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Putin Makes It Clear: Russia Will Keep Hitting Ukraine’s Energy Grid

Russian President Putin. Image Credit: Russian Federation.
Russian President Putin. Image Credit: Russian Federation.

Putin Vows to Keep Destroying Ukrainian Energy Infrastructure: Russian President Vladimir Putin vowed to continue his military’s assault on Ukrainian energy this week, pledging to continue directing attacks at the country’s essential electricity and water infrastructure. The Russian president doubled down during a speech at an awards ceremony held in the Kremlin, suggesting that the attacks were the fault of the Ukrainian government.

Putin recognized that there is a “lot of noise” about his military’s bombardment of residential and energy infrastructure but appeared to justify it as a response to Ukraine’s attack on the Kerch Bridge.

“There is a lot of noise about our strikes on the neighbor country’s energy infrastructure. Yes, we’re doing it — but who started it? Who attacked the Crimean Bridge?” Putin said, listing other Ukrainian strikes on Russian-controlled territories.

“Who blew up the transmission lines to the Kursk NPP, who cut off the water supply to Donetsk? Cutting off water for millions of people is an act of genocide. No one anywhere said a word about this — everyone’s completely mum. As soon as we stir a little to do something in response — there’s a huge uproar the world over.”

The Russian president also argued that the attacks on energy infrastructure were not a tactic to avoid deploying untrained soldiers to the battlefield where they may ultimately succumb to Ukrainian defensive forces. Instead, Putin said that the ongoing missile and drone strike campaigns would “not interfere with our combat missions.”

Ukraine Racing to fix Infrastructure As It’s Destroyed

Ukrainian authorities are rushing to fix energy infrastructure destroyed in Russian strikes in the hope of staving off a total energy crisis as temperatures drop below zero. In a report from NPR, DTEK energy company manager Yurii Herasko said that his workers “have a lot of work to do.”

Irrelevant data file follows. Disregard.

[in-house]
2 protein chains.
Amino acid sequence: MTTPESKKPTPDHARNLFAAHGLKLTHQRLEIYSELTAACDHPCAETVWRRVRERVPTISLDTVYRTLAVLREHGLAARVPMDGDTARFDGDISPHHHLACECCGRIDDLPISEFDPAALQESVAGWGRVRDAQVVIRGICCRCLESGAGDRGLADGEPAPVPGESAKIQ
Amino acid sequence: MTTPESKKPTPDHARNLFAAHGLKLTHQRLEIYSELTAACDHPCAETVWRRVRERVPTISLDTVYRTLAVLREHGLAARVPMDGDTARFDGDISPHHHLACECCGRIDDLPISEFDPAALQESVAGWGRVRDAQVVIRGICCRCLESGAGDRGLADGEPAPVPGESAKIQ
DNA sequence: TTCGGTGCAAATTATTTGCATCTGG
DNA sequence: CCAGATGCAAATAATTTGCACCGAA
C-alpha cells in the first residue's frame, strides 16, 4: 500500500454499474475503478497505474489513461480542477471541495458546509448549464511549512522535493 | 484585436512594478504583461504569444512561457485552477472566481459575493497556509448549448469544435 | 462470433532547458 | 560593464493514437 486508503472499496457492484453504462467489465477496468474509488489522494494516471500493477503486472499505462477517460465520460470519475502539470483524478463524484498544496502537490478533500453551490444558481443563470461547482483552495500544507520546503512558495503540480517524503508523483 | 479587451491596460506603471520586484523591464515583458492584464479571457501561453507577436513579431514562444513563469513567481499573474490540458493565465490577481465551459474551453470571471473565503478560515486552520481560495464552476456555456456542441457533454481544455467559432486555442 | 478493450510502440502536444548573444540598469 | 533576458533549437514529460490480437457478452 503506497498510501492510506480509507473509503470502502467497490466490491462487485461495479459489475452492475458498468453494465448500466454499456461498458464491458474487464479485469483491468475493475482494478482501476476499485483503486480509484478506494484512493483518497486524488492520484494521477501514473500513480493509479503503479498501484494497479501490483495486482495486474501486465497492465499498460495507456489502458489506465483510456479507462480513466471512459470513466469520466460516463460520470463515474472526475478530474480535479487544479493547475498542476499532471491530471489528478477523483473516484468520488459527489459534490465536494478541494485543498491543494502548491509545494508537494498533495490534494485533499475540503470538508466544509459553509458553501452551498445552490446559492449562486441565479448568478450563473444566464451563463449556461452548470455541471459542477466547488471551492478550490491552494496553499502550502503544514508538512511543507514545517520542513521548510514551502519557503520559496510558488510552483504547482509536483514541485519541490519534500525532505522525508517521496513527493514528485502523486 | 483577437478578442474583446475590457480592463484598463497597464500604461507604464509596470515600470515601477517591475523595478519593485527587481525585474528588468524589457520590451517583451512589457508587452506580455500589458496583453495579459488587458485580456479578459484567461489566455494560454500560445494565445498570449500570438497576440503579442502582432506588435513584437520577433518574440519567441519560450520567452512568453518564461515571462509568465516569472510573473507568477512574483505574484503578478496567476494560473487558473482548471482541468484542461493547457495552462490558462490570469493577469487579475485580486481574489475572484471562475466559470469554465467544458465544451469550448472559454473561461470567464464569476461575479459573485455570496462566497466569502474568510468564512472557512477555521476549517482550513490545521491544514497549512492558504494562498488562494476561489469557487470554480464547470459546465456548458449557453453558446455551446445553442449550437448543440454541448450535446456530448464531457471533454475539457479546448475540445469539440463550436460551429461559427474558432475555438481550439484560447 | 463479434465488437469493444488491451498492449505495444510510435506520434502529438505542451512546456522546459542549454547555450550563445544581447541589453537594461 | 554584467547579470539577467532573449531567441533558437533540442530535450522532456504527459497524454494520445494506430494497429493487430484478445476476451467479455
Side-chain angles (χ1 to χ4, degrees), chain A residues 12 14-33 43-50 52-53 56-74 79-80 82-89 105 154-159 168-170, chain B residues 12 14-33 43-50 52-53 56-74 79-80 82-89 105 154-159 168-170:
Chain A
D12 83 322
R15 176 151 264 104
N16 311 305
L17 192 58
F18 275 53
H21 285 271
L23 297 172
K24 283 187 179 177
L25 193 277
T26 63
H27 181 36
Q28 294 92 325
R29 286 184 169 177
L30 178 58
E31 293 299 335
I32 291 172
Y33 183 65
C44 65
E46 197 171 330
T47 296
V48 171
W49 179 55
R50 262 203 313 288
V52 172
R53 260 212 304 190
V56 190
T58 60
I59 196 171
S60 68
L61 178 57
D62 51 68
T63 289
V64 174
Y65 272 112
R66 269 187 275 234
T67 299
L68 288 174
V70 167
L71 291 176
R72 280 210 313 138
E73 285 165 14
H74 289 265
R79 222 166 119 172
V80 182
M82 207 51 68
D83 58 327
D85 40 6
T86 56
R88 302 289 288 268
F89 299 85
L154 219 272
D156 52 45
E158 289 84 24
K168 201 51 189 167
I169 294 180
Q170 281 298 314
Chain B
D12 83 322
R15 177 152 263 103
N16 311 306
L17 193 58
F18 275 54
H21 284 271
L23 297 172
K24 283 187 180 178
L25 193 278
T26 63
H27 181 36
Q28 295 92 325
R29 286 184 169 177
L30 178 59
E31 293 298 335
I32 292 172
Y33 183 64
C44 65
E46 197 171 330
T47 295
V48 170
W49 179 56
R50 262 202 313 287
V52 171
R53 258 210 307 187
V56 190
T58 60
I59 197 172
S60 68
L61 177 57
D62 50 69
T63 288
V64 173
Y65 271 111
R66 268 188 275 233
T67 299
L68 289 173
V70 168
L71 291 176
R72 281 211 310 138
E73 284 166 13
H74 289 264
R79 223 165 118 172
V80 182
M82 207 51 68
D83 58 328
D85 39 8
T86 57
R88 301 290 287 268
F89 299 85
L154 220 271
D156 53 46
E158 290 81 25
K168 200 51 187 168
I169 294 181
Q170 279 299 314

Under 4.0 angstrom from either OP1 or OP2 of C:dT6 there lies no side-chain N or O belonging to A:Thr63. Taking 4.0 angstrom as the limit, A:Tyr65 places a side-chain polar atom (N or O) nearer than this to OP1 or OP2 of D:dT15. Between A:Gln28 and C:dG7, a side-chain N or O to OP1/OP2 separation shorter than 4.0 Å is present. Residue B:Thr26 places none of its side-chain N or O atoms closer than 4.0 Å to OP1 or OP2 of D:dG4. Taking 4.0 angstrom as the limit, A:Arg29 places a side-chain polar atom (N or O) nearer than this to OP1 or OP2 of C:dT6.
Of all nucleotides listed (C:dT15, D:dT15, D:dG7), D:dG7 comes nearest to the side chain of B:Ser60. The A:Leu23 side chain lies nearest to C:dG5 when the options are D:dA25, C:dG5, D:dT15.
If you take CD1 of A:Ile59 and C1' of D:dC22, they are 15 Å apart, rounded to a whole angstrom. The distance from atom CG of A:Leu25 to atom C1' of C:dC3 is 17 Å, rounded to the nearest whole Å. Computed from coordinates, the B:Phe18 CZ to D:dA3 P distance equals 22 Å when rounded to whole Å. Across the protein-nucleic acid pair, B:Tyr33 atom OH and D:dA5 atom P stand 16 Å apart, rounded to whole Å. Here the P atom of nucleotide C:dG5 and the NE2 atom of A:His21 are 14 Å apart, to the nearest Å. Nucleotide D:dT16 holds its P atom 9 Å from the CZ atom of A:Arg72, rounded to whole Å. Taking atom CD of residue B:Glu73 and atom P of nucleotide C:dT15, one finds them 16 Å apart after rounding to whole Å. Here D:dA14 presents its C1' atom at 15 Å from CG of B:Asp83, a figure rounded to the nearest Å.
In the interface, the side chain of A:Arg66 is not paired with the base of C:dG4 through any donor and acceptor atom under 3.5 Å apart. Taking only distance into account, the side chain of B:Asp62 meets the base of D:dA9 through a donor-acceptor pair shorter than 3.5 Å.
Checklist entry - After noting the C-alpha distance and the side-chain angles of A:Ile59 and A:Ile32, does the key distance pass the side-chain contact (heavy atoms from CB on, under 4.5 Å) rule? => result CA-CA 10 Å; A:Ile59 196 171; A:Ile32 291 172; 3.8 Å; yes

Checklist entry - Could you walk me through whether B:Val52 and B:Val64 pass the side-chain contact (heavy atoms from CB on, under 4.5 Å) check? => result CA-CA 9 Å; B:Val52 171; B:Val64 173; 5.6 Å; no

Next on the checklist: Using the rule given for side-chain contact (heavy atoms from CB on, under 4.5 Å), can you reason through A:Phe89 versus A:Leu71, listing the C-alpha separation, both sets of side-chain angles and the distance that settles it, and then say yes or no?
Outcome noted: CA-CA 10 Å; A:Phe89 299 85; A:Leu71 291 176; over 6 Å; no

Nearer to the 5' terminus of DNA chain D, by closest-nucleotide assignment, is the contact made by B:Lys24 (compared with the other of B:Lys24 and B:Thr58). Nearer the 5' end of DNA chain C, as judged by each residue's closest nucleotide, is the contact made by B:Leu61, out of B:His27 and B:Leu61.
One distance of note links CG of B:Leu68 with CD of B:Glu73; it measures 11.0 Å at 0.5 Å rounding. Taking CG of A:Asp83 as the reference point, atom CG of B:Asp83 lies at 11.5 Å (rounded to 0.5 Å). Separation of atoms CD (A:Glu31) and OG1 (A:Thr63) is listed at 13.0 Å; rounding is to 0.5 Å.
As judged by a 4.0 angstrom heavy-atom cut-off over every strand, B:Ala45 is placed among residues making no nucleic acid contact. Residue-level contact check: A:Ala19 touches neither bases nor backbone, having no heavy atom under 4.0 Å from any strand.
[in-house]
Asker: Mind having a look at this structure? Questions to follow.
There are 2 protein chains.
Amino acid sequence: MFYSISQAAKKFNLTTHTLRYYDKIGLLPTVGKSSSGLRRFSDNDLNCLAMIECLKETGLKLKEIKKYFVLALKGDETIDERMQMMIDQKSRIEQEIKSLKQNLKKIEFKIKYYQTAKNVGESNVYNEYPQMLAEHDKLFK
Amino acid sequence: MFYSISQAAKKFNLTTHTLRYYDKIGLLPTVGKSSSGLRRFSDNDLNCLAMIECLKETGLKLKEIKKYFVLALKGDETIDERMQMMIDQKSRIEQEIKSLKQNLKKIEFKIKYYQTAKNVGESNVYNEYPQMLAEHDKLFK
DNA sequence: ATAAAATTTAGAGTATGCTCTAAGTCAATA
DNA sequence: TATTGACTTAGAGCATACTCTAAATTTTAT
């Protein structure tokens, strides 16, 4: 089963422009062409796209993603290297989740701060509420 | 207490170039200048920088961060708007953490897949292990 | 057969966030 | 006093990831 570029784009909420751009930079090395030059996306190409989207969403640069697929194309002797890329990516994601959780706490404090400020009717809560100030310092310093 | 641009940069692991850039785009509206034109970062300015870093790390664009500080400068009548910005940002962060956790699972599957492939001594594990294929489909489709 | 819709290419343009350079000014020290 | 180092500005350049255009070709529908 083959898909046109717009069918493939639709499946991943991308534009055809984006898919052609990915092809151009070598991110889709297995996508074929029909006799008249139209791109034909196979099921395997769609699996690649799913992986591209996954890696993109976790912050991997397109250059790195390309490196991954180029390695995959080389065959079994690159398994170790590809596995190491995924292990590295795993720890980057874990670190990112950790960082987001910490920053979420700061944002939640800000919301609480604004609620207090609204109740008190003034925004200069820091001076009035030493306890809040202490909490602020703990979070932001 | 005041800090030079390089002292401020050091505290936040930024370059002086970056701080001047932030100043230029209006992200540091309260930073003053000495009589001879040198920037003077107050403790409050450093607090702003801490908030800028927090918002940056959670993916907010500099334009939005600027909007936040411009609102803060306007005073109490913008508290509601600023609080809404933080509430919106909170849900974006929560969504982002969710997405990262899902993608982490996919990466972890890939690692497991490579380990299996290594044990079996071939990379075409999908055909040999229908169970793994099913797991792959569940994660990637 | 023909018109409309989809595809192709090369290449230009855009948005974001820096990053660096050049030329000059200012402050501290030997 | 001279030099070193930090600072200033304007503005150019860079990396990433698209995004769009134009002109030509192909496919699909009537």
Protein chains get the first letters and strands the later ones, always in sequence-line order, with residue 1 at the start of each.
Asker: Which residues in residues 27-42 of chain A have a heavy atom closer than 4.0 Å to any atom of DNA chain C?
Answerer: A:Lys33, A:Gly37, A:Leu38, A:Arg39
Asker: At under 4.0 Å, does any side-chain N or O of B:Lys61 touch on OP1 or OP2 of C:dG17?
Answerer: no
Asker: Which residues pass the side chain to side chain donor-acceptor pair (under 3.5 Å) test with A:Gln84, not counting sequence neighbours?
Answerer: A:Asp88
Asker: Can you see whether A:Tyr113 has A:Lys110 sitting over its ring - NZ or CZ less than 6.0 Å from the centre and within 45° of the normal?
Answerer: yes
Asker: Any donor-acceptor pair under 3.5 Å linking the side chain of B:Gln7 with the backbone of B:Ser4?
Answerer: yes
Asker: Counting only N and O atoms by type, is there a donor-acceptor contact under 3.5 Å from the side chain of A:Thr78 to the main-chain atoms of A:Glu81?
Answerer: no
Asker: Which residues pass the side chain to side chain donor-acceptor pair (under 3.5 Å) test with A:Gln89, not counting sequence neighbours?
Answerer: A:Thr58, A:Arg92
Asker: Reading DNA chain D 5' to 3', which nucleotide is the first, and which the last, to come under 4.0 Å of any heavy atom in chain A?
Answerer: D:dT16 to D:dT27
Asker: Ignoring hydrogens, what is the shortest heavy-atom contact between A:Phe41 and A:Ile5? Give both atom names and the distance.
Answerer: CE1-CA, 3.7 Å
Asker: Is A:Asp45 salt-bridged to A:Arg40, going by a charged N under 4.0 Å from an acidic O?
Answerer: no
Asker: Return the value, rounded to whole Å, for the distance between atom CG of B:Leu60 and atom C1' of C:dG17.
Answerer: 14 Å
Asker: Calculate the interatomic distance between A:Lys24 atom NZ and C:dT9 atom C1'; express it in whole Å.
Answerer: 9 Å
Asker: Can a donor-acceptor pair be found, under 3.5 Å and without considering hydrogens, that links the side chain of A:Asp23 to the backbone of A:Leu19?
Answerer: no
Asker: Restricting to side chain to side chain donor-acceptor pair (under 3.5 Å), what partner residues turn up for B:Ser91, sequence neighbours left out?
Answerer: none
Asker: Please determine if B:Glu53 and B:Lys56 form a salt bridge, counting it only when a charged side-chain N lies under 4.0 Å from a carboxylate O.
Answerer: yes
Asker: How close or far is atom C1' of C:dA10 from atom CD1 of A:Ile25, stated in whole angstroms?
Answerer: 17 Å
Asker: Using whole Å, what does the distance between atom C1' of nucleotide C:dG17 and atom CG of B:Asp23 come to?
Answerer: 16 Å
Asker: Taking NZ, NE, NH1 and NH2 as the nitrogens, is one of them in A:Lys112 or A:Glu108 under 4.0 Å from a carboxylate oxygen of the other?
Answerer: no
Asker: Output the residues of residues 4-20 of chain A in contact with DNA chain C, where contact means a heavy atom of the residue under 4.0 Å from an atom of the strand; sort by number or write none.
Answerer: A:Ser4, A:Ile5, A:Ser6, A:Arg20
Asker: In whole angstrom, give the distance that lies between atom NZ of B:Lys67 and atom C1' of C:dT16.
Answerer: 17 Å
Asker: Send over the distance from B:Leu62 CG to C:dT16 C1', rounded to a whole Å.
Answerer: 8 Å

“We’re always working, 24/7. We have to be prepared for the winter,” Herasko said.

The most recent strike on energy infrastructure occurred on Monday, when Russian missiles directed at Ukrainian cities were intercepted in huge numbers by Ukrainian forces – though almost a dozen missiles hit their intended targets and caused widespread blackouts. The blackouts also extended outside of Ukraine for a second time, once again impacting Moldova.

Despite Ukraine’s efforts to restore energy production and distribution, however, Russian strikes have been so widespread and intense that the country is on the verge of a blackout without support for repairing high-voltage power transformers.

Energy Community director Artur Lorkowski told that the transformers are hard to find in Europe and must now be manufactured.

“The biggest needs at the moment are linked to the repair of high-voltage power transformers, which can be rarely found in Europe. The few that are available in Europe fall short of covering Ukraine’s needs,” Lorkowski explained, adding that they could take between six and 18 months to manufacture in sufficient numbers.

Jack Buckby is 19FortyFive’s Breaking News Editor.

Written By

Jack Buckby is 19FortyFive's Breaking News Editor. He is a British author, counter-extremism researcher, and journalist based in New York. Reporting on the U.K., Europe, and the U.S., he works to analyze and understand left-wing and right-wing radicalization, and reports on Western governments’ approaches to the pressing issues of today. His books and research papers explore these themes and propose pragmatic solutions to our increasingly polarized society.